Dr. Luther received an Institute for Critical Technology and Applied Science (ICTAS) Junior Faculty Award. The award includes a two-year, $80,000 grant to support his lab’s research on using crowdsourcing and computer vision to identify people in historical and modern photographs. The co-PI on the grant is Prof. Paul Quigley of Virginia Tech’s History department.
Dr. Luther previously received a $10,000 seed grant from ICTAS to support his research on crowdsourcing and context slices, in collaboration with Dr. Chris North in the Computer Science department.
More details are available in the VT News press release.
Dr. Luther is Co-PI for a new award from the National Endowment for the Humanities (NEH) Humanities Collections and Reference Resources program. The title of the project is “The American Soldier Collaborative Digital Archive.” The one-year, $50,000 award will support planning to expand our Incite software, originally developed for crowdsourced Civil War history, to the new domain of World War 2 history. The PI is Dr. Ed Gitre of Virginia Tech’s History Department.
Please read the press release, and the abstract below:
The American Soldier Collaborative Digital Archive is a project to make available to scholars and to the public a remarkable collection of written reflections on war and the armed forces by American soldiers who fought in the Second World War. In the 1940s, more than 60,000 military personnel responded in their own words to questions posed by the War Department’s new Research Branch about their time in the service. These survey responses were analyzed, summarized, and interpreted by a team of social and behavioral scientists, who after the war reported their findings in a four-volume work, The American Soldier (1949-50). While the Branch’s quantitative data was later digitized and is available through the Roper Center at Cornell University and the National Archives, the responses themselves, the very personal words of thousands of soldiers, have long remained available only to those who could to travel to Washington, DC to read the text on microfilm. Ultimately, we plan to build an online digital archive of approximately 72,000 images of the handwritten survey responses and to provide a tool that will allow these images to be transcribed by students, scholars, and the public so as to render the text searchable. In this way, we propose to quite literally write these tens of thousands of personal expressions of soldiers into the historical record. We are requesting $50,000 from the NEH to fund a yearlong planning process for this project that will enable discussions among experts from multiple organizations in military history, social science research, crowdsourced transcription, digital archiving, and interactive web design. By the end of the grant period year in spring of 2018, we will produce a list of any related primary or secondary material to be linked to or included in the digital archive; a document of technical requirements for the digital archive at its largest scale; a robust data management plan for the image and text data to ensure that it is accessible for the long term; an outreach plan to ensure that the project becomes known to willing transcribers and interested researchers; and a set of agreements concerning the work and other commitments required by involved organizations and individuals. This project seeks to contribute to the NEH’s “Common Ground” initiative and within it the “Standing Together” initiative.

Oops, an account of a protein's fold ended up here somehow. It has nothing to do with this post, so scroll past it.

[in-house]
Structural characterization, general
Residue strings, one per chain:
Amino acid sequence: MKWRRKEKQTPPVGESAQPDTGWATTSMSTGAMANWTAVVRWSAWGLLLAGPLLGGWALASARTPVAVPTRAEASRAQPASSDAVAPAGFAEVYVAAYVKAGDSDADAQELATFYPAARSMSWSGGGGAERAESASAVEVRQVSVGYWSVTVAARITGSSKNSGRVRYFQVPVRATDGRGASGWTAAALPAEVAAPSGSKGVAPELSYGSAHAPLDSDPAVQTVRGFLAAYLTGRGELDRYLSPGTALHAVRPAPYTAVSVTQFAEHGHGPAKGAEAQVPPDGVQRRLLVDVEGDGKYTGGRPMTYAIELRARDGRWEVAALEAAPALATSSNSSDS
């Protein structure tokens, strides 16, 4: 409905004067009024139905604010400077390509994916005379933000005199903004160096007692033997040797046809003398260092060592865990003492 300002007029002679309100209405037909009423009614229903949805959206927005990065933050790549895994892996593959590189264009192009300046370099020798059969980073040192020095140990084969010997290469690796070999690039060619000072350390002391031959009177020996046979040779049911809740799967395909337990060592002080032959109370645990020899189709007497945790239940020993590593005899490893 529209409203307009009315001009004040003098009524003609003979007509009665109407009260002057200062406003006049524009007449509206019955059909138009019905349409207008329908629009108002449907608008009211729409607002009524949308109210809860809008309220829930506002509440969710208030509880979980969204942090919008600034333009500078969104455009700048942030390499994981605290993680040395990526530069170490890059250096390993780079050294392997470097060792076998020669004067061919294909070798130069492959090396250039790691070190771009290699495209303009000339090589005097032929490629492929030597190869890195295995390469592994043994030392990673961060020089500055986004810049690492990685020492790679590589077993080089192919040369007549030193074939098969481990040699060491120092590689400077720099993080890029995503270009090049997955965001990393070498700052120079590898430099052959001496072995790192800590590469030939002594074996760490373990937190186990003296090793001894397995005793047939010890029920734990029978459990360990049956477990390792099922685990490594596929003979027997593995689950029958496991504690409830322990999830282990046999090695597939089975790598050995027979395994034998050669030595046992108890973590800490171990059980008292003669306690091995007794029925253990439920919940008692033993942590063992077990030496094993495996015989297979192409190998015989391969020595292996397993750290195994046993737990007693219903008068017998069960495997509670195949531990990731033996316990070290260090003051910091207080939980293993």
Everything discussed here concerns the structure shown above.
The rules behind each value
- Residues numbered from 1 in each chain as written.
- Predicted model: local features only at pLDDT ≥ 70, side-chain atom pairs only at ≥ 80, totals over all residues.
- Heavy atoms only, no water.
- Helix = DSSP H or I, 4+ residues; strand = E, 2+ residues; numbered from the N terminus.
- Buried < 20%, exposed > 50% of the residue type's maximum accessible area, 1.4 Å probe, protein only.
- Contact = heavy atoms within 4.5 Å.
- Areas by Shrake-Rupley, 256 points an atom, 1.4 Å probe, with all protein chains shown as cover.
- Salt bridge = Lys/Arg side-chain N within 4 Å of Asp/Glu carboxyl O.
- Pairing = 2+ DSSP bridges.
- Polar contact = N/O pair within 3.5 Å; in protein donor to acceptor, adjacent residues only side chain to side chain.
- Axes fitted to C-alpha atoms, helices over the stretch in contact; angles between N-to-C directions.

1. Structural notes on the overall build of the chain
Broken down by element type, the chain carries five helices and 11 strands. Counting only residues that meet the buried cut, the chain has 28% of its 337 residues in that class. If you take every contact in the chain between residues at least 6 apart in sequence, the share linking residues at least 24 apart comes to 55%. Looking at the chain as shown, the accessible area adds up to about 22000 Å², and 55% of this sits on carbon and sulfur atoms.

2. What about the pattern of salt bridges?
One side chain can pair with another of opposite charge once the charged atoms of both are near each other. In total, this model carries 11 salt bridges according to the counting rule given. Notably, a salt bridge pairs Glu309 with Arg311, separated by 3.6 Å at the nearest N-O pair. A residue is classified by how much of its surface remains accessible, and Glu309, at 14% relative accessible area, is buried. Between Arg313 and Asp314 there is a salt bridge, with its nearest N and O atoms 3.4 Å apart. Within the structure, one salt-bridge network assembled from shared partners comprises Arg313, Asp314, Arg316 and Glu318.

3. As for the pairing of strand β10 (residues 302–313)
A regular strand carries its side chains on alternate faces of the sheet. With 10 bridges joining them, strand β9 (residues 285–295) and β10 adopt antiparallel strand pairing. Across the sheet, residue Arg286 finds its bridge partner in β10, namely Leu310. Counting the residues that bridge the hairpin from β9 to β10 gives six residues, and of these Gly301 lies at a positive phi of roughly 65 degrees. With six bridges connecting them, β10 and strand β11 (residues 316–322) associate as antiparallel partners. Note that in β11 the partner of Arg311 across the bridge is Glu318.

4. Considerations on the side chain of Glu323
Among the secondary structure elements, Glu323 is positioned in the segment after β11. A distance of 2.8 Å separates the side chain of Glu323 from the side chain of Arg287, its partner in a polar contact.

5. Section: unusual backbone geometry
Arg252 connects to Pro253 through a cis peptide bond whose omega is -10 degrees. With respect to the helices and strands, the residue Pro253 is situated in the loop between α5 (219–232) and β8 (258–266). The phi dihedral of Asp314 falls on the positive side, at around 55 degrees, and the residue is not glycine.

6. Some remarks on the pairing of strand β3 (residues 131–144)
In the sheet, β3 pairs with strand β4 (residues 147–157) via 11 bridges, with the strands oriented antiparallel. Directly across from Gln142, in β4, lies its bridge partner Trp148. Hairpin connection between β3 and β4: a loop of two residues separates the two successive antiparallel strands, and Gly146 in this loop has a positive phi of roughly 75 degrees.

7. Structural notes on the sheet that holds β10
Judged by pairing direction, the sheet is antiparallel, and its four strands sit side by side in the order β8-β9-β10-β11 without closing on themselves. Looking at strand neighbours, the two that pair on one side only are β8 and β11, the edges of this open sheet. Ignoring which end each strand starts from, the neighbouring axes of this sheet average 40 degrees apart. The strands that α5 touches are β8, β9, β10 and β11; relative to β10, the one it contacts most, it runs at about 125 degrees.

Dr. Luther’s NSF CAREER Award, a five-year grant to study expert-led crowdsourcing and build a platform for crowdsourced photo investigations called CrowdSleuth, was covered in a press release by Virginia Tech News. This news story appeared on the home page for vt.edu and the VT College of Engineering.
Virginia Tech News published a press release featuring GraphCrowd and the NIH Big Data to Knowledge grant led by Dr. Kurt Luther and Dr. T.M. Murali. This news story appeared on the home page for vt.edu and the VT College of Engineering.
Dr. Luther received the National Science Foundation CAREER Award for his proposal, titled, Transforming Investigative Science and Practice with Expert-Led Crowdsourcing. This program “offers the National Science Foundation’s most prestigious awards in support of early-career faculty who have the potential to serve as academic role models in research and education and to lead advances in the mission of their department or organization.” The award is for $554,628 over a five-year period and is funded through the Cyber-Human Systems (CHS) core program.
The National Science Foundation awarded a grant of $25,252 to Dr. Luther to support the Graduate Student Symposium at the ACM Creativity & Cognition 2017 conference in Singapore. Dr. Luther and Dr. Elizabeth Churchill (Google) are co-chairing the symposium.
We received an NIH grant to study how crowdsourcing might be used to improve the layouts of biological graph visualizations. This project is a collaboration between Dr. Kurt Luther (MPI) and Dr. T.M. Murali (MPI) at Virginia Tech and Zooniverse, the world’s largest online citizen science portal. The grant is approximately $620,000 over two years and is part of the NIH’s Big Data to Knowledge (BD2K) program.
The Wikimedia Foundation has awarded a grant to Felipe Schenone to make improvements to ProveIt.
Dr. Luther led the team that developed ProveIt when he was at Georgia Tech. ProveIt is a Wikipedia gadget that provides a friendly user interface for managing references in Wikipedia articles. The gadget has since been integrated into the English-language Wikipedia and has over 7,000 active users. This work was also demoed at the WikiSym conference in 2009.